There's one question in health care that hardly anyone will ever answer.
It's not "Will it hurt?" Or even, "How long will I live?"
It's even more basic: "How much will it cost?
For years, people with health insurance and low co-pays have paid little attention to the question of cost.
But as the employee's share of the bill has gone up, and as more people realize their healthcare costs are rising, there's increased interest -- and need -- for a better understanding of charges.
Average deductibles are going up all the time. Co-insurance rates -- the percentage of the bill that you have to pay -- are typically between 20% and 40%. Many of us want to use the doctor of our choice, rather than go to someone just because they're in our "network," as long as we can keep the cost down. And some services just aren't covered by insurance.
Complicating things is the fact that we typically have some options about what treatment or procedure we get -- and where -- and we often want to know the relative value of the choices we make.
I've just stumbled upon a promising resource you might want to try. It's called Healthcare Blue Book.
Healthcare Blue Book is a free guide to healthcare pricing. It also offers guidelines about how to negotiate price and information for those of us who want to get our out-of-pocket costs down.
Just as cars have a blue book price, doctor visits, medical tests, treatments, procedures and surgeries have average insurance-paid and self-paid prices in every zip code.
The blue book price is calculated based on industry data from many providers, payers and employers across the country. The information is analyzed to identify the dollar amount that many providers accept as payment in full.
You can compare prices in a wide range of categories, from physicians' services to surgeries, dentistry, lab tests and even hearing aids. Interested in comparing the cost of cosmetic surgery in different towns or where you live? Check it out.
According to Healthcare Blue Book:"Blue book prices are generally much lower than billed charges. Hospitals and doctors keep track of their services with two different fee schedules: 1) billed charges and 2)negotiated rates. While providers are generally able to set billed charges to whatever amount they would like, they typically have a range of acceptable negotiated payment rates that they agree to accept as payment in full from insurance companies."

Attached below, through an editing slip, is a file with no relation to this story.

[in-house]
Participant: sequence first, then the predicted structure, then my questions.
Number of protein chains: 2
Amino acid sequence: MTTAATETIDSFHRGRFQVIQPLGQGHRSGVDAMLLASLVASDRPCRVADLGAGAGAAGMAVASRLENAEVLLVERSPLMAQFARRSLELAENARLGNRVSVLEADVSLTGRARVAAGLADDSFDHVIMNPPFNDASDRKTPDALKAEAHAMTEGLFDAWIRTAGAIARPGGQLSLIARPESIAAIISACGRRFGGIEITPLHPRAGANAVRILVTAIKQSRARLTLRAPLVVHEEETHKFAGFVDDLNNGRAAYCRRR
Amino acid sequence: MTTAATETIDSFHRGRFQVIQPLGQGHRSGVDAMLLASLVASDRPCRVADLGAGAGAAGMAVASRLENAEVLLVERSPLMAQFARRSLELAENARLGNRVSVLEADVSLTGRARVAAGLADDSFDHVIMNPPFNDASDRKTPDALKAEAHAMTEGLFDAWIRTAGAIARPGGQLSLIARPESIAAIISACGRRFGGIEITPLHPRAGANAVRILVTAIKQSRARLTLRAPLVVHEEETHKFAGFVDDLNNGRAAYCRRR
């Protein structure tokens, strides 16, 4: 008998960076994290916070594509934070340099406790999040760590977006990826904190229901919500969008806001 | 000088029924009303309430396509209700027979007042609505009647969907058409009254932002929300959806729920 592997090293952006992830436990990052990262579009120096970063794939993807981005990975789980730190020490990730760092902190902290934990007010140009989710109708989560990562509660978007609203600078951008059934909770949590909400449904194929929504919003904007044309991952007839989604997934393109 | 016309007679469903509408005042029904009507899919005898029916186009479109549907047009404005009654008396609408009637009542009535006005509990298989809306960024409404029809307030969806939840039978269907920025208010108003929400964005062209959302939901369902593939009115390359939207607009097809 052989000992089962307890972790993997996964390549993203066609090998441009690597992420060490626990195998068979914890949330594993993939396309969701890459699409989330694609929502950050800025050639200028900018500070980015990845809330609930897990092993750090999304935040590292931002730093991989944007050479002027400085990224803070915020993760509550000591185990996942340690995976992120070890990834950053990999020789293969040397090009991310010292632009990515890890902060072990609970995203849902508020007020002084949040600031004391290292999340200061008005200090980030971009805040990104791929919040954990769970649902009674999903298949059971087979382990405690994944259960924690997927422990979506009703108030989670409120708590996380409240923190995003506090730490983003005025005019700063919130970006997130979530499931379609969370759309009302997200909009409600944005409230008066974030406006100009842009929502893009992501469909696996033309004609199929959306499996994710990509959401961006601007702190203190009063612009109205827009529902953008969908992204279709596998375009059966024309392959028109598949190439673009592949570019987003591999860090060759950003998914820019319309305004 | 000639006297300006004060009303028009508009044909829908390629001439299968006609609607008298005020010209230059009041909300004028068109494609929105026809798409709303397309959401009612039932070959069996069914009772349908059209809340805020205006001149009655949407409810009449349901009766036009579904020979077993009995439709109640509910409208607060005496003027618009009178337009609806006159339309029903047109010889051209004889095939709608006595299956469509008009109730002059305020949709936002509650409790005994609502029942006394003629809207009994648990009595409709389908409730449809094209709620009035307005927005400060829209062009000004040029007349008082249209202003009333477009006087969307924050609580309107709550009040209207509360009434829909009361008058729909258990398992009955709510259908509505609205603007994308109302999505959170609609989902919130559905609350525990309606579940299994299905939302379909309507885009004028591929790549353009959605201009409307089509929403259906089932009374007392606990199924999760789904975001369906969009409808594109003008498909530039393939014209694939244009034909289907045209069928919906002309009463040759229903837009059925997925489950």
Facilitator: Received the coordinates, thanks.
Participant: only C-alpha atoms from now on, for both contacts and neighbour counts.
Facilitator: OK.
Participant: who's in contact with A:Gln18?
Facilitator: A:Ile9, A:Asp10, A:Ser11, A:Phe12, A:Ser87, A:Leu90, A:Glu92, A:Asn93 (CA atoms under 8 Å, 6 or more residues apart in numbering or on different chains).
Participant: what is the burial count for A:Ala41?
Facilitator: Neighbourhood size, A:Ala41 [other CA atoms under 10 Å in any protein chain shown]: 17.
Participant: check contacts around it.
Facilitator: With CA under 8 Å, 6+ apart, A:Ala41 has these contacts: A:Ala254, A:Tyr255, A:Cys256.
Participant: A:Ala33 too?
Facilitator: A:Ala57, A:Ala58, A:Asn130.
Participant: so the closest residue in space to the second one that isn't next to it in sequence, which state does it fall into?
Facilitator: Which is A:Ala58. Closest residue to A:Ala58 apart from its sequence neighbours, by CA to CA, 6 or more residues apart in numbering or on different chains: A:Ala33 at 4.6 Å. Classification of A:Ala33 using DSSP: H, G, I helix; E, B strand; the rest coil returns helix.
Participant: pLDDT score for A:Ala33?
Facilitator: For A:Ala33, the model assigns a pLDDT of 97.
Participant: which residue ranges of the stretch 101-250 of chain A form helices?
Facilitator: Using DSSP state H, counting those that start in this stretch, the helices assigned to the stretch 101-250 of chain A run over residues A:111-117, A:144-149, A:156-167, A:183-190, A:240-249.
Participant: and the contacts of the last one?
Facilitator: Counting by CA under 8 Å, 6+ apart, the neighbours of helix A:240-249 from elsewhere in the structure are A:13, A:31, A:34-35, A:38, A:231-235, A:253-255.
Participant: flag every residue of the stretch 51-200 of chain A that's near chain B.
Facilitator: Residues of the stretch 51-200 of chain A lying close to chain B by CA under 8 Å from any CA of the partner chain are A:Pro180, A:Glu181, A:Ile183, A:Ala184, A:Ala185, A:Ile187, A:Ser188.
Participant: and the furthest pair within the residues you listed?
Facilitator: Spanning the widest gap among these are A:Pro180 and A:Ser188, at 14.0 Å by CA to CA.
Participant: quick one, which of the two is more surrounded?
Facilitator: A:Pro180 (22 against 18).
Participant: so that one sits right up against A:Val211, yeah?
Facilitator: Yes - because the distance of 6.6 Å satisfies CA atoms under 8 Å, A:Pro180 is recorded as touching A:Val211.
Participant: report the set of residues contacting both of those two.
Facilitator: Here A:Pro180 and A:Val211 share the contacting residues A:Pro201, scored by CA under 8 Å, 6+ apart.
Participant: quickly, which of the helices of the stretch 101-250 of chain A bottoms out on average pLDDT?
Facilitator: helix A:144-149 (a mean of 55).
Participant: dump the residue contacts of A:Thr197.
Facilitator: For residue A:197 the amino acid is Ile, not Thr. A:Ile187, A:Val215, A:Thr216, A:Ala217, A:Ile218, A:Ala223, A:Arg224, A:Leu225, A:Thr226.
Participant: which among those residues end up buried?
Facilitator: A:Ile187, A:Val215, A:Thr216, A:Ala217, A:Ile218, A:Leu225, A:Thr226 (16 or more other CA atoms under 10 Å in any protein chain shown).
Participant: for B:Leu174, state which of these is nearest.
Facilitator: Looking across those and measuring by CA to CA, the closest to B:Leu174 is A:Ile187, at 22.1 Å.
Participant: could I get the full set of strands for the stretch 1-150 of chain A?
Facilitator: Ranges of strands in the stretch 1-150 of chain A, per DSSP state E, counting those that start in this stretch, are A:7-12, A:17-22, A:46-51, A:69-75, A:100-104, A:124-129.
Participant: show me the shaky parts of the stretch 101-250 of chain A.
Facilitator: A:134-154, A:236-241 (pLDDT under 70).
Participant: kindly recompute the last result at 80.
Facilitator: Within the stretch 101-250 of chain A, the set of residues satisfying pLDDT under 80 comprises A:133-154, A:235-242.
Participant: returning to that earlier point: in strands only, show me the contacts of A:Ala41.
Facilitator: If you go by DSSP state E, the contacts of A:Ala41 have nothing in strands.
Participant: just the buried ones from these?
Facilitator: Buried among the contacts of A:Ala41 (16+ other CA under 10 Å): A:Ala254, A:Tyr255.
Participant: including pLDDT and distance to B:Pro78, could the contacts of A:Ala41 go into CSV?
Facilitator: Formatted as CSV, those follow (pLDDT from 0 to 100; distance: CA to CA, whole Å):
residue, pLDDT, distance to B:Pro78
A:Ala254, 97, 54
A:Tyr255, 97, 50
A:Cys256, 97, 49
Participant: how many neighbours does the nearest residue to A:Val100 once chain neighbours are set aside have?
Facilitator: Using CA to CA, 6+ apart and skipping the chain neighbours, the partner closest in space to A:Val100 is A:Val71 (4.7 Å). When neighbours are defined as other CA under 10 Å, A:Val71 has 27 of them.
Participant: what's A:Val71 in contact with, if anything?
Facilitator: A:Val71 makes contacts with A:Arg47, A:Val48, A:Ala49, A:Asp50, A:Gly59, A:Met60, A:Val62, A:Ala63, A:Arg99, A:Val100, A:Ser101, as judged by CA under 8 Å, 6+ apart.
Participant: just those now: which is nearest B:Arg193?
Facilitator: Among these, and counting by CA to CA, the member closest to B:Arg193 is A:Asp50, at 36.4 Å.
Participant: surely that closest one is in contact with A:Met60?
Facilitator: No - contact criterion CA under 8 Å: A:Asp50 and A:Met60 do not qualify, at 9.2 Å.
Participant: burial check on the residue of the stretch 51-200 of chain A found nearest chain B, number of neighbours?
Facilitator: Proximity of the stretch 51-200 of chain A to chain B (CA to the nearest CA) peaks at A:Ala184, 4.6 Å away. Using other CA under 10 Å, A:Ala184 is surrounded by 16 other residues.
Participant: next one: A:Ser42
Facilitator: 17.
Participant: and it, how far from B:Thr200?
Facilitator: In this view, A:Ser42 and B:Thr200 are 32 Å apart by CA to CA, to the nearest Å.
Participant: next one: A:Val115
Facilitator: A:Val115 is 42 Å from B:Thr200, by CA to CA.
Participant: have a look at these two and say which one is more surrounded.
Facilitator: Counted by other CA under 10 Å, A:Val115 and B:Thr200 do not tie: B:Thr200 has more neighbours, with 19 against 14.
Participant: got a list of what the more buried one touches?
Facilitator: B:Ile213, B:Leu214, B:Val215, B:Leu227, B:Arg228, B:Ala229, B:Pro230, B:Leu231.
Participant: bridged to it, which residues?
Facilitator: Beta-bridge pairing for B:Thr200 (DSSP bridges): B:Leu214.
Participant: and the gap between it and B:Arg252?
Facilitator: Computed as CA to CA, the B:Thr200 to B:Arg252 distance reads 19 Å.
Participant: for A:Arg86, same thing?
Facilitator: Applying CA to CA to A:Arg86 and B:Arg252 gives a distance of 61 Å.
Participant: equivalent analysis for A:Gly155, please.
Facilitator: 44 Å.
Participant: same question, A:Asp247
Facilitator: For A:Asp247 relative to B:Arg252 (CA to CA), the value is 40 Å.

If you're a cash paying customer, you may ask your hospital or doctor to charge you a fair price.
If you don't have health insurance, you can call a doctor, hospital or laboratory and see if they offer discounts for self-pay patients. If you have insurance, ask the in-network providers listed in your directory what the in-network rate is for the service you need.
Sometimes, just by traveling to a nearby town you can save money. Healthcare Blue Book says that some imaging centers charge three to five times more than others. This is true for both patients using insurance networks and those paying cash.
Here's something I tried on the site. I was wondering what a knee MRI (with and without contrast media) would cost. I compared the charge between two locations. Here's what I found comparing the two cities:
In the more urban community, the cost was $1,006.
In the less urban town, the cost was $866.
What about quality factors? Cost and quality are not always linked. Just because a healthcare service, procedure or test is priced higher, it doesn't necessarily mean the professionals, equipment, or outcomes are better.
This is just the beginning. Gradually we'll have the data we need to make truly informed choices that allow us to figure in cost, quality, risk and benefit before we make a significant healthcare decision for ourselves or our family.
Barbara Bronson Gray, RN, MN, is the founder of the blog www.bodboss.com, which is “dedicated to helping people learn to be the CEO of their own body and better guide their own health care.” Besides her hands-on work as both a nurse and supervisor in hospitals, Barbara has written articles that have been published in a number of national magazines and newspapers. Follow her on Twitter: @bbgrayrn.